Including Georgian Jews led to one surprise: that they are closely related to those of the Middle East, including those in Iraq and Iran. “That shows there was significant migration of Jewish populations along the Silk Road beginning in the Persian Empire,” said Ostrer. “Just a small number of founders started Jewish communities in India, Burma, and Georgia.”

The Jews of Ethiopia are so distantly related to other Jews that their community must have been founded by only a few itinerants who converted local people to Judaism and then married within the local population. It also suggests the founding was more than 2,000 years ago.

That antiquity helps explain why Ethiopian Jews airlifted to Israel during “Operation Moses” in 1984 had no idea about the holiday of Hanukkah, which commemorates events of the second century BC—long after their ancestors had left Israel. (Editing by Douglas Royalty)

Prop. 73: The Devil’s in the Details


When Californians go to the polls on Nov. 8, many will read Proposition 73 as a proposal to require that health care providers perform the seemingly logical task of informing parents before performing abortions on underage girls.

But the considered opinions of doctors and Juvenile Court judges, as well as a look at the actual text of Proposition 73, reveal that the initiative is fraught with adverse ramifications for virtually all Californians. It also poses particular issues for the Jewish community.

Much of the literature against Proposition 73 correctly emphasizes that many teenage girls will seek underground abortions, rather than have their parents (or guardians, foster parents or other legal designees) learn that they are pregnant. Thus, under the banner, “Protect California’s Teens,” a Planned Parenthood Web page urges that defeating Proposition 73 is essential to ensuring that desperate teenagers retain access to safe and legitimate medical care.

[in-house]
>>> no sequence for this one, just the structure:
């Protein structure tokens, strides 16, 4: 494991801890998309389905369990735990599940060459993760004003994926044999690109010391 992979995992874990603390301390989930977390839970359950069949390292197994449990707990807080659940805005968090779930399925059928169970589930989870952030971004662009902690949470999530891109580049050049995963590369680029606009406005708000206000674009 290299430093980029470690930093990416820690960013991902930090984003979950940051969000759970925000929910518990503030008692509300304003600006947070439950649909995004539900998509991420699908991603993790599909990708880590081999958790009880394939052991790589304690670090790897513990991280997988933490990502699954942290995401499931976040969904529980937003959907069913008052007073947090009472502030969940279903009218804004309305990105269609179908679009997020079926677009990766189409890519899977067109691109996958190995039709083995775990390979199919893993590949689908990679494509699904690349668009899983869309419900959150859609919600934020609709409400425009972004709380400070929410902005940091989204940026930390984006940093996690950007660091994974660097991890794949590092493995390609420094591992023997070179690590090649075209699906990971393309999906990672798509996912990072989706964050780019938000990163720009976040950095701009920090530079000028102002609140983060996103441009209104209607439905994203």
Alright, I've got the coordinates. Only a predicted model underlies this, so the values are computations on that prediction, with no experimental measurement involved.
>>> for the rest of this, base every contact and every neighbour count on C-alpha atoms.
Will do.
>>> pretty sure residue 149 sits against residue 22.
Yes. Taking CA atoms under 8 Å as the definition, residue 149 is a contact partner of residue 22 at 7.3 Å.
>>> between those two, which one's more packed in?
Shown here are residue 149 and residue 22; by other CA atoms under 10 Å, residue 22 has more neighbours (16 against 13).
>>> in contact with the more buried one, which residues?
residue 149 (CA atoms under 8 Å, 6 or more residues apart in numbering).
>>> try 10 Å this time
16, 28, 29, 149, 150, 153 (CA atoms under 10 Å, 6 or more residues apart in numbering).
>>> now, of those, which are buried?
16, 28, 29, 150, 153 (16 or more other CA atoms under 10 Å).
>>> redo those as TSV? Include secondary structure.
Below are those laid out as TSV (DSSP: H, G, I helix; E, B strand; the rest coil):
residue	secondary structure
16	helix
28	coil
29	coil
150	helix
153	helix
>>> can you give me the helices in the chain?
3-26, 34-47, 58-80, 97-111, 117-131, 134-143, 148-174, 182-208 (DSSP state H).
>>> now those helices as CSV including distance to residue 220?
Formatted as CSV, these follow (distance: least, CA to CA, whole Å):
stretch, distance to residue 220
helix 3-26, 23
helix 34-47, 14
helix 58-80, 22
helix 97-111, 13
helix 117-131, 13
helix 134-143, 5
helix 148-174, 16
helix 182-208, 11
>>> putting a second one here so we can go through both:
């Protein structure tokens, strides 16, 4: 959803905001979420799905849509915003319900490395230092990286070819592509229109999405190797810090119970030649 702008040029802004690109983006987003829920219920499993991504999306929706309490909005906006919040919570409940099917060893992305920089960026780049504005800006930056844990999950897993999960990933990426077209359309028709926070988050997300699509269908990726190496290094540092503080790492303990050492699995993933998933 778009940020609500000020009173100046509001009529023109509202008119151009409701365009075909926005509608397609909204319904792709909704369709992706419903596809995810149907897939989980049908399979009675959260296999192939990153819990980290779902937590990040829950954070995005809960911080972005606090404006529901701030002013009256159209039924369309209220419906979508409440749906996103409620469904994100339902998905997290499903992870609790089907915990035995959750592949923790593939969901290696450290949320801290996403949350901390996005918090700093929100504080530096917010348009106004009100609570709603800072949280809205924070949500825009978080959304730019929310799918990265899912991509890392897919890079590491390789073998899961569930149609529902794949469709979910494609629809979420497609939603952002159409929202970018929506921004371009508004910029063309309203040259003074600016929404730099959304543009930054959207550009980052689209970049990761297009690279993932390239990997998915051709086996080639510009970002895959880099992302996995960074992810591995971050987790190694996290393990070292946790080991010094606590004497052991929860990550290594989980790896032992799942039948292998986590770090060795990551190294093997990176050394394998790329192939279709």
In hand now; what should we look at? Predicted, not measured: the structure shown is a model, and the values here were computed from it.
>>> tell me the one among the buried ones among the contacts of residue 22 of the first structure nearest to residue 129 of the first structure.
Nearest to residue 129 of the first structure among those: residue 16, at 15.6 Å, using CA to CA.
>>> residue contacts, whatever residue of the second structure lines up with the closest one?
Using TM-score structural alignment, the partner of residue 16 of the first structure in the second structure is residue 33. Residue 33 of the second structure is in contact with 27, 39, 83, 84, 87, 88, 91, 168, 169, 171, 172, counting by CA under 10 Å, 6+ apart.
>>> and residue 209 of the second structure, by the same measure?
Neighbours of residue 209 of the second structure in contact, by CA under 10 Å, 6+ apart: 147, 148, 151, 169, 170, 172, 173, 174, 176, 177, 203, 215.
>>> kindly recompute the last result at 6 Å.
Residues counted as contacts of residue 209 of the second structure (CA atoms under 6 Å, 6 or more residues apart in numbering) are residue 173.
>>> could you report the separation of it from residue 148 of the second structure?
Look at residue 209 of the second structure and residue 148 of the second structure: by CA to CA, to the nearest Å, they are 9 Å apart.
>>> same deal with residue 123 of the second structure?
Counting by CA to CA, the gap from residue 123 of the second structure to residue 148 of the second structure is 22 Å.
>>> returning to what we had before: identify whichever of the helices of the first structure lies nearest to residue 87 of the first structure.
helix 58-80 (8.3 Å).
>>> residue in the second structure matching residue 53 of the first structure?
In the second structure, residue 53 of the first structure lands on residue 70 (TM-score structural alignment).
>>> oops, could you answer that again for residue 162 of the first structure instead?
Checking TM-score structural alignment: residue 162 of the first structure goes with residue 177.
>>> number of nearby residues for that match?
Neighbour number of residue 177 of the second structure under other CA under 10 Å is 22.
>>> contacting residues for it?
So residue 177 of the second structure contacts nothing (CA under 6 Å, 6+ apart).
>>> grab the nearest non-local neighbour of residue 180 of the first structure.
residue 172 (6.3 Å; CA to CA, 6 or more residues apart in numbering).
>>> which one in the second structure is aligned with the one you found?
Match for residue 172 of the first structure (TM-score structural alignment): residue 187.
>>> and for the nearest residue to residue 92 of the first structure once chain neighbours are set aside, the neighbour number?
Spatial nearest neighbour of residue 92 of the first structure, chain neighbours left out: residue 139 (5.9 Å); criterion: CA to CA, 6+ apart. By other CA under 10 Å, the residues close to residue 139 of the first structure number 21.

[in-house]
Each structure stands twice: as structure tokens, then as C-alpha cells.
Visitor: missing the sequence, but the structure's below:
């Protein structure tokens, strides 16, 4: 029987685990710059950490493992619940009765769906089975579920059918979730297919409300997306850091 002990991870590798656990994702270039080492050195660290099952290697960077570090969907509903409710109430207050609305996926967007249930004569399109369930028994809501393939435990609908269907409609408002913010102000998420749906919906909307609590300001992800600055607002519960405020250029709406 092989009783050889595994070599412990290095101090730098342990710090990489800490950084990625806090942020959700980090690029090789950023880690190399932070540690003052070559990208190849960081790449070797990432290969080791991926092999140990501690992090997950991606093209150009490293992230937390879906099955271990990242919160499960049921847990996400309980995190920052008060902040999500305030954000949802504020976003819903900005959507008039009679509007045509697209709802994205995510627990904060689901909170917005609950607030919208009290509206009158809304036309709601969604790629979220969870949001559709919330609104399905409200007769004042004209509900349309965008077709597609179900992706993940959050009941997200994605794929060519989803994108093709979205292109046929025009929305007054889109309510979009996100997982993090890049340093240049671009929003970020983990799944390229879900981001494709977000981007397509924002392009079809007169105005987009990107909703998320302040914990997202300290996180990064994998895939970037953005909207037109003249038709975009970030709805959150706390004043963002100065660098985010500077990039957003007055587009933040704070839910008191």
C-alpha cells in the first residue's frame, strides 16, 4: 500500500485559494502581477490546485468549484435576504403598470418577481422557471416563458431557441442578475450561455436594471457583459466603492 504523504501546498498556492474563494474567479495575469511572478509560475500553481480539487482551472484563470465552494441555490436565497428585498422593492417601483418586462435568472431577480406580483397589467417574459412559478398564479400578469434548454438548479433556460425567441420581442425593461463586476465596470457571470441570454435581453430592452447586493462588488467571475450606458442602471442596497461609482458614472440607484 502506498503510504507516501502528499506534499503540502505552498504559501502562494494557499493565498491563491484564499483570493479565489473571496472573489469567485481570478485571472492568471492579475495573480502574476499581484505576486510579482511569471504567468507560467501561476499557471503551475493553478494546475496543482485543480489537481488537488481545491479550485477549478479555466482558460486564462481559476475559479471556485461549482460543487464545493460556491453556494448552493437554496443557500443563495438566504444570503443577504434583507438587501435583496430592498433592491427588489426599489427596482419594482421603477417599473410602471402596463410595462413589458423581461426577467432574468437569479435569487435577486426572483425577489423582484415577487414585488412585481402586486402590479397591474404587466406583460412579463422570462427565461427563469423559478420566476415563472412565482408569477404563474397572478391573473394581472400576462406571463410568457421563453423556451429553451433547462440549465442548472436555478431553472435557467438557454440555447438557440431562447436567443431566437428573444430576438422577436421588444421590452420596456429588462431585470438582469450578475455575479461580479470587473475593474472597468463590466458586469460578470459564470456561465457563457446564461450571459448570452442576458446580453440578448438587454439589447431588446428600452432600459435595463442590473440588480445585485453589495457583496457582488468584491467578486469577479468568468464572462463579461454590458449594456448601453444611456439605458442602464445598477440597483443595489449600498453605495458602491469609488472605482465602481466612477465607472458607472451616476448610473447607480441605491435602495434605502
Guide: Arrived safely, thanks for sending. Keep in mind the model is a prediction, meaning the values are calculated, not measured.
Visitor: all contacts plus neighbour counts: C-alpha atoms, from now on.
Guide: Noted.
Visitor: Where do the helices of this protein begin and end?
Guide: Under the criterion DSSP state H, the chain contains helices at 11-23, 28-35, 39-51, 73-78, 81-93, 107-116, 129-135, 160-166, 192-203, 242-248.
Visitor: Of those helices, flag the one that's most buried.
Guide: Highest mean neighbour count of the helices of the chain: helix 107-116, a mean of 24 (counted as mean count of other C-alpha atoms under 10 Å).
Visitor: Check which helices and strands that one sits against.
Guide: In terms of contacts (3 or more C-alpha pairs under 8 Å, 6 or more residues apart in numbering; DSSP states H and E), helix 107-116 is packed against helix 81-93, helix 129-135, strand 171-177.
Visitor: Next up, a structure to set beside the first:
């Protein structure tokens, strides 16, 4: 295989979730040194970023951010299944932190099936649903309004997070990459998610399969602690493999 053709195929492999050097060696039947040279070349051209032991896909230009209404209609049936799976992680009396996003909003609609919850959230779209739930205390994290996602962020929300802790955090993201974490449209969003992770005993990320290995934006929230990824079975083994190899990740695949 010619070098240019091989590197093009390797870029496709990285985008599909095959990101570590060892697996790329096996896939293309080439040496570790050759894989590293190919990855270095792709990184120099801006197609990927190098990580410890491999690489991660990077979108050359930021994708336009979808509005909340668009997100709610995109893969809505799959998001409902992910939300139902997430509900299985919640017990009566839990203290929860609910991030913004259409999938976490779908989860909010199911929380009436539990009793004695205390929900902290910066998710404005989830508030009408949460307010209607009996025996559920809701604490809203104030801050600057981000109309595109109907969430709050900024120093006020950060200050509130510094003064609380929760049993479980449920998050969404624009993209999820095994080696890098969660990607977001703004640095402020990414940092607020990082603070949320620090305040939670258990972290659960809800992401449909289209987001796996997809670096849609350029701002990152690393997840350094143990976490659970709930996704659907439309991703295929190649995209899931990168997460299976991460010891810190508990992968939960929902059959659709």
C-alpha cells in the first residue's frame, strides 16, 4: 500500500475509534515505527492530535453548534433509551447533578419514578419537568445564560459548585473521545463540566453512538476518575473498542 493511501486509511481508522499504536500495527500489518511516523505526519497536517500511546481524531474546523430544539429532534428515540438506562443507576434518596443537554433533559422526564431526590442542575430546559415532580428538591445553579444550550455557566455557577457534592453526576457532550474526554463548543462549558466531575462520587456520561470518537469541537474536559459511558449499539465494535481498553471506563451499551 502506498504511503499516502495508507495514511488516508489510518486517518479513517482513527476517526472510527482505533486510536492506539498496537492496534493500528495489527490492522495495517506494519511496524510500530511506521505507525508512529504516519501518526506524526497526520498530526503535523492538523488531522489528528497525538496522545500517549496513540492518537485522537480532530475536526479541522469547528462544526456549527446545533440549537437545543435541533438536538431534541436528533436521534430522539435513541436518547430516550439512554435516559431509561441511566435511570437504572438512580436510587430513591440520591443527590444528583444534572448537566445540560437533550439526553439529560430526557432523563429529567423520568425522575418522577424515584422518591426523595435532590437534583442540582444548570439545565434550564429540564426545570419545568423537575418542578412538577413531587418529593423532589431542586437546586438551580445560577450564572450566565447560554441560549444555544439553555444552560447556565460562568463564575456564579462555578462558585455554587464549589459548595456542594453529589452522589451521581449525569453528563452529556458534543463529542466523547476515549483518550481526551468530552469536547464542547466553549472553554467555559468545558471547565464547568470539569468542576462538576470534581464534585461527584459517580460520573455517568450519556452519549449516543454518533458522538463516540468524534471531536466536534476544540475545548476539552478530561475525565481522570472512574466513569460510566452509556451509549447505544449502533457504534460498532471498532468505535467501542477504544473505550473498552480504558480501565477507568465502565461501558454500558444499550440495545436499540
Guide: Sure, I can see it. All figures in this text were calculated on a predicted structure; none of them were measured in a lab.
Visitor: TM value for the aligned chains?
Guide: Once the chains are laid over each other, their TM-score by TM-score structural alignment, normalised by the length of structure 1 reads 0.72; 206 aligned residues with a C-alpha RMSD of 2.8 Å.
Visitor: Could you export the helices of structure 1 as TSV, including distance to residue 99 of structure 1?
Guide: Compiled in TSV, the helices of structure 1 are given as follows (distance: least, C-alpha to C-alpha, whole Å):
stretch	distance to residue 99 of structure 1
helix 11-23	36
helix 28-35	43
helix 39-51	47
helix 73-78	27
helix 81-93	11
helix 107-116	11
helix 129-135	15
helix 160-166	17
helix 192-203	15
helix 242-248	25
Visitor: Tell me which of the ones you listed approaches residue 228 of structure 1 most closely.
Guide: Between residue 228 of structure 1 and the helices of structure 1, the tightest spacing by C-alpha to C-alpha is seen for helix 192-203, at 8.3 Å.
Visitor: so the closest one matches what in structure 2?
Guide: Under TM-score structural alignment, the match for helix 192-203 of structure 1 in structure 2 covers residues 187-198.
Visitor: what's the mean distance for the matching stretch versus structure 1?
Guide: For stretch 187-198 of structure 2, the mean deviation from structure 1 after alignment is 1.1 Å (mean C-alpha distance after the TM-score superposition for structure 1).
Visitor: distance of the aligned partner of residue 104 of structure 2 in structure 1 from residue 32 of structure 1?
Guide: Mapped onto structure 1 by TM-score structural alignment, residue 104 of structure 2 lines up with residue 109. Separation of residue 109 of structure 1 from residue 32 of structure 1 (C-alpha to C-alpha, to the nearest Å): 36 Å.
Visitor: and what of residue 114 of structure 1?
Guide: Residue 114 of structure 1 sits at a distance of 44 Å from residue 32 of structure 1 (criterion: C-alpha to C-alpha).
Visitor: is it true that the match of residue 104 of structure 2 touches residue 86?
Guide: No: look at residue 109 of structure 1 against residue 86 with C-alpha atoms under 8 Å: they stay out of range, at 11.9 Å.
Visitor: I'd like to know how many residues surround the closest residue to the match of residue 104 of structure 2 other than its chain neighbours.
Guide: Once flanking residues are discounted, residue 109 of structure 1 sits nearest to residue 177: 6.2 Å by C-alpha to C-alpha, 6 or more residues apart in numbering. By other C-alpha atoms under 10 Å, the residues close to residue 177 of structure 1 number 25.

This emphasis is entirely appropriate. But there’s more to object to in this ballot initiative. One of the proposition’s most troubling aspects lies within the fine print. Proposition 73 amends the California Constitution to define abortion as a procedure ending the life of a “child conceived but not yet born.”

This radical definition has profound implications not only for teens, but also for adult women. And this carefully calculated wording should be of particular interest to the Jewish community.

Many Jewish couples undergo genetic screening as part of family planning. Those of us who learn we are dual carriers of genetic mutations (e.g., Tay Sachs) know there is a one in four chance of conceiving a child afflicted with the disease.

Couples who face this risk make the wrenching choice of attempting to have a biological child, while also taking the precaution of undergoing testing after conception. Diagnosis is possible through either chorionic villus sampling 10 to 12 weeks into the pregnancy or amniocentesis in the second trimester. Couples choose such procedures with the hope of having a healthy baby.

But typically, they also have resolved to terminate a pregnancy that would, if carried to term, bring forth a child doomed to endure unconscionable suffering ending in early death. A couple that follows this course of action sometimes has the blessing of Orthodox rabbis who would ordinarily oppose abortion.

Amending California’s Constitution to define abortion as ending the life of a “child conceived but not yet born” has profound implications for adult Jewish couples that rely on pregnancy testing. The proposition’s language would, in effect, shorten the road to outlawing abortion.

Indeed, that appears to be the aim of James Holman, the San Diego millionaire who backed Proposition 73 with $800,000, most of which went to paid signature gatherers to get the initiative onto the ballot. In line with his devout, conservative beliefs, Holman has expressed opposition to contraception, as well as to abortion apparently under all circumstances, including rape and incest.